In awesome reverence of Brahman the creation responds to the Supreme Will–for it is itself an extension of Brahman, as already said. All that occurs is the movement of Divine Consciousness, is response to Divine Will. Brahman moves Brahman, and creation manifests and moves onward. Brahman ceases to move Brahman, and creation resolves into its potential, causal form and seems to cease. At all times it is Brahman reacting upon–and to–Brahman. Even death is only a change of Life.

The root of rebirth

“If a man fail to attain Brahman before he casts off his body, he must again put on a body in the world of created things” (Katha Upanishad 2:3:4)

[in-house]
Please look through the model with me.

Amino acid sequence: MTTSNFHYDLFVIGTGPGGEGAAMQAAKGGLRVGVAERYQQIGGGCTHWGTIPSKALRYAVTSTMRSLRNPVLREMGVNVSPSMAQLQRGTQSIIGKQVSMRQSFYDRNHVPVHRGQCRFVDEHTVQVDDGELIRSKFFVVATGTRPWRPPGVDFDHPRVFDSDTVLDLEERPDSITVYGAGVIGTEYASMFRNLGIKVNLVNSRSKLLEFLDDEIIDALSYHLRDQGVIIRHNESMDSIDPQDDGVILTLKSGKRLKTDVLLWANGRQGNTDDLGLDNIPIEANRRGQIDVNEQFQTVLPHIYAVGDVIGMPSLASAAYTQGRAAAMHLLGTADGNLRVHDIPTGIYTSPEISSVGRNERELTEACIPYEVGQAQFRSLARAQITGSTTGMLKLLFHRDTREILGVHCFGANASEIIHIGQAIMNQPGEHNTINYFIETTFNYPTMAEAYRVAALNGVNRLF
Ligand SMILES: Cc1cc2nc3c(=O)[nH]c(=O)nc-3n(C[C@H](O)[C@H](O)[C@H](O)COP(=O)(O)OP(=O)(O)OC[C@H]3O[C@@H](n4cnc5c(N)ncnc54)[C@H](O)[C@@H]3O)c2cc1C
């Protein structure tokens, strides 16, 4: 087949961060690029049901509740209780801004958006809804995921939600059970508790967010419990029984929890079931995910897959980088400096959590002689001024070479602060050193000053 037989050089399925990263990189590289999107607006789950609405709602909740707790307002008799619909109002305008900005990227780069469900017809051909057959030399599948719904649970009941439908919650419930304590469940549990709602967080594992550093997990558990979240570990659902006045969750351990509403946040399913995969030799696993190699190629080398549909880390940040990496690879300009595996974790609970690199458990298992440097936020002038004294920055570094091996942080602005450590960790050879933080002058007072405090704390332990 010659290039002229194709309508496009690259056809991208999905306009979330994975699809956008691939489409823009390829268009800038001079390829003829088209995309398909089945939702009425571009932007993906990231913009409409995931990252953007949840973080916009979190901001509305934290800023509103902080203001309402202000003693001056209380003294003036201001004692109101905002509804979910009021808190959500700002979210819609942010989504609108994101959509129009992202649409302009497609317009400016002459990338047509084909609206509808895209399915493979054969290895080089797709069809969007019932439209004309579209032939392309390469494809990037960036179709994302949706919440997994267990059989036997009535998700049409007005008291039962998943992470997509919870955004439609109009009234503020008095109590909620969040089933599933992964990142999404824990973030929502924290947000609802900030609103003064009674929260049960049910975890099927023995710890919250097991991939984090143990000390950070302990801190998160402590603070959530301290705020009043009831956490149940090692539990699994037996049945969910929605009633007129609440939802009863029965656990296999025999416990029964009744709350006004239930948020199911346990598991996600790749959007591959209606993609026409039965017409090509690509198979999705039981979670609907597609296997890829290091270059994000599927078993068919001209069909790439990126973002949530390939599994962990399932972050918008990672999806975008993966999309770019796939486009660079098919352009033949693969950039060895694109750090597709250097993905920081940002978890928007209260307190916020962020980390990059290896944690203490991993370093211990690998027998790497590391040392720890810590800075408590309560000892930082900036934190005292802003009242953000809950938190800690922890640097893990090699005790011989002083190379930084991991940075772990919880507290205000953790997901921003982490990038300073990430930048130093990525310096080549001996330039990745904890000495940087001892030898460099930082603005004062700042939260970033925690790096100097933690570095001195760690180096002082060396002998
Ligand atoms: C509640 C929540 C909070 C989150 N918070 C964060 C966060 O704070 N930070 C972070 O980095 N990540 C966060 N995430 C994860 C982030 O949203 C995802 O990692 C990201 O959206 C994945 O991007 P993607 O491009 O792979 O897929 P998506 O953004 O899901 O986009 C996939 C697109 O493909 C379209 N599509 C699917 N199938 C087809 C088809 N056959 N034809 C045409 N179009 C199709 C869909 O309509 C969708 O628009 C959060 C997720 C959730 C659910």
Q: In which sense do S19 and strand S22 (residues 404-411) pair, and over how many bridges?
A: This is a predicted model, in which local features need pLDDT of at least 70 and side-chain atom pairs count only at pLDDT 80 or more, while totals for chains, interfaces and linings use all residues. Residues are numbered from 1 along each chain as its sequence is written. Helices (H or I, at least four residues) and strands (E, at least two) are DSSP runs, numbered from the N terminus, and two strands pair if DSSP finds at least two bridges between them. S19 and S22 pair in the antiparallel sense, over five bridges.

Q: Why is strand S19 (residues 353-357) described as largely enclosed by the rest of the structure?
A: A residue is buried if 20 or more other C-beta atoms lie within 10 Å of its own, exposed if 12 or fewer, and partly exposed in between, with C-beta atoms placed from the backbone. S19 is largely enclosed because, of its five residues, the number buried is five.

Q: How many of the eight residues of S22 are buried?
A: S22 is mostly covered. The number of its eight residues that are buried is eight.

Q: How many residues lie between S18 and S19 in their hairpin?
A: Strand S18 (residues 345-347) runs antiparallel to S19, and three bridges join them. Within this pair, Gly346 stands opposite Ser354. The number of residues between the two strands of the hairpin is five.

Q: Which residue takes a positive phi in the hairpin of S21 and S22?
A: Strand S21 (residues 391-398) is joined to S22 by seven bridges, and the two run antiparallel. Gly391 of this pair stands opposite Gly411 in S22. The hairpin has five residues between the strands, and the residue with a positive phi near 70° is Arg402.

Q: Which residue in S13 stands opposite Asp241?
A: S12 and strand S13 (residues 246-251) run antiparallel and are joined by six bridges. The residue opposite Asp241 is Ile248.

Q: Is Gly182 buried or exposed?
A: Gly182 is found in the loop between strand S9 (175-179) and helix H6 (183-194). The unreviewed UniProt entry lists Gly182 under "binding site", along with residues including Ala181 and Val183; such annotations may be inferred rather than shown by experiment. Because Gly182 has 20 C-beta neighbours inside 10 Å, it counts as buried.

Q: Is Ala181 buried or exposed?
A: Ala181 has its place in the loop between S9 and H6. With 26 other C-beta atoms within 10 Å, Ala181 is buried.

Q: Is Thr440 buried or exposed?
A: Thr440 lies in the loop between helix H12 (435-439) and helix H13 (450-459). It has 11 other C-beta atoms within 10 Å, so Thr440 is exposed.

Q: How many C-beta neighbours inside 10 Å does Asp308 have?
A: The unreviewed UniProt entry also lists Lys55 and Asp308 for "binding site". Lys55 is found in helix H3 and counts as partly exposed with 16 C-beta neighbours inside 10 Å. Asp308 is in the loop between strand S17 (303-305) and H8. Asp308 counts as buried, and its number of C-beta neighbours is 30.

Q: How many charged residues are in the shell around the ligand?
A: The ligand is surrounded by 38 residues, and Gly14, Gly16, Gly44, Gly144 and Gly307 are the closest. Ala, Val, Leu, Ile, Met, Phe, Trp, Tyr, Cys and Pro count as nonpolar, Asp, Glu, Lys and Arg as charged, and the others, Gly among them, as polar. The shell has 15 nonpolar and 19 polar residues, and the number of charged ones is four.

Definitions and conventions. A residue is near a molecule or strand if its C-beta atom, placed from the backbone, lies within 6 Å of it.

Perfect knowledge of Brahman resulting from total union of our consciousness with Brahman’s Consciousness is the only passport beyond this world–or any worlds of relative existence. Knowledge is the root determinant of our rebirth or our freedom from rebirth. This is why most religion is so useless–it deals with good and bad, truth and error, on the tiny level of individual human mentalities. The infinite scope of Brahmic Consciousness simply does not come into its purview. Human beings waste lifetimes with such mundane religions that only program them for more and more births upon this earth. Even their ideas of the afterlife and only condition them for more birth and bondage. Degenerate Christianity, especially, with its doctrine of physical resurrection and physical immortality instills material consciousness in its adherents, condemning them to the wheel of perpetual birth and death. Thinking they are “creatures,” they sink into the quagmire of “creation.” Actually, they impel themselves into the morass, calling it the will of God. As Jesus said: “If therefore the light that is in thee be darkness, how great is that darkness!” (Matthew 6:23). If our “truth” be actually untruth, its blinding–and binding–power is nigh well inescapable.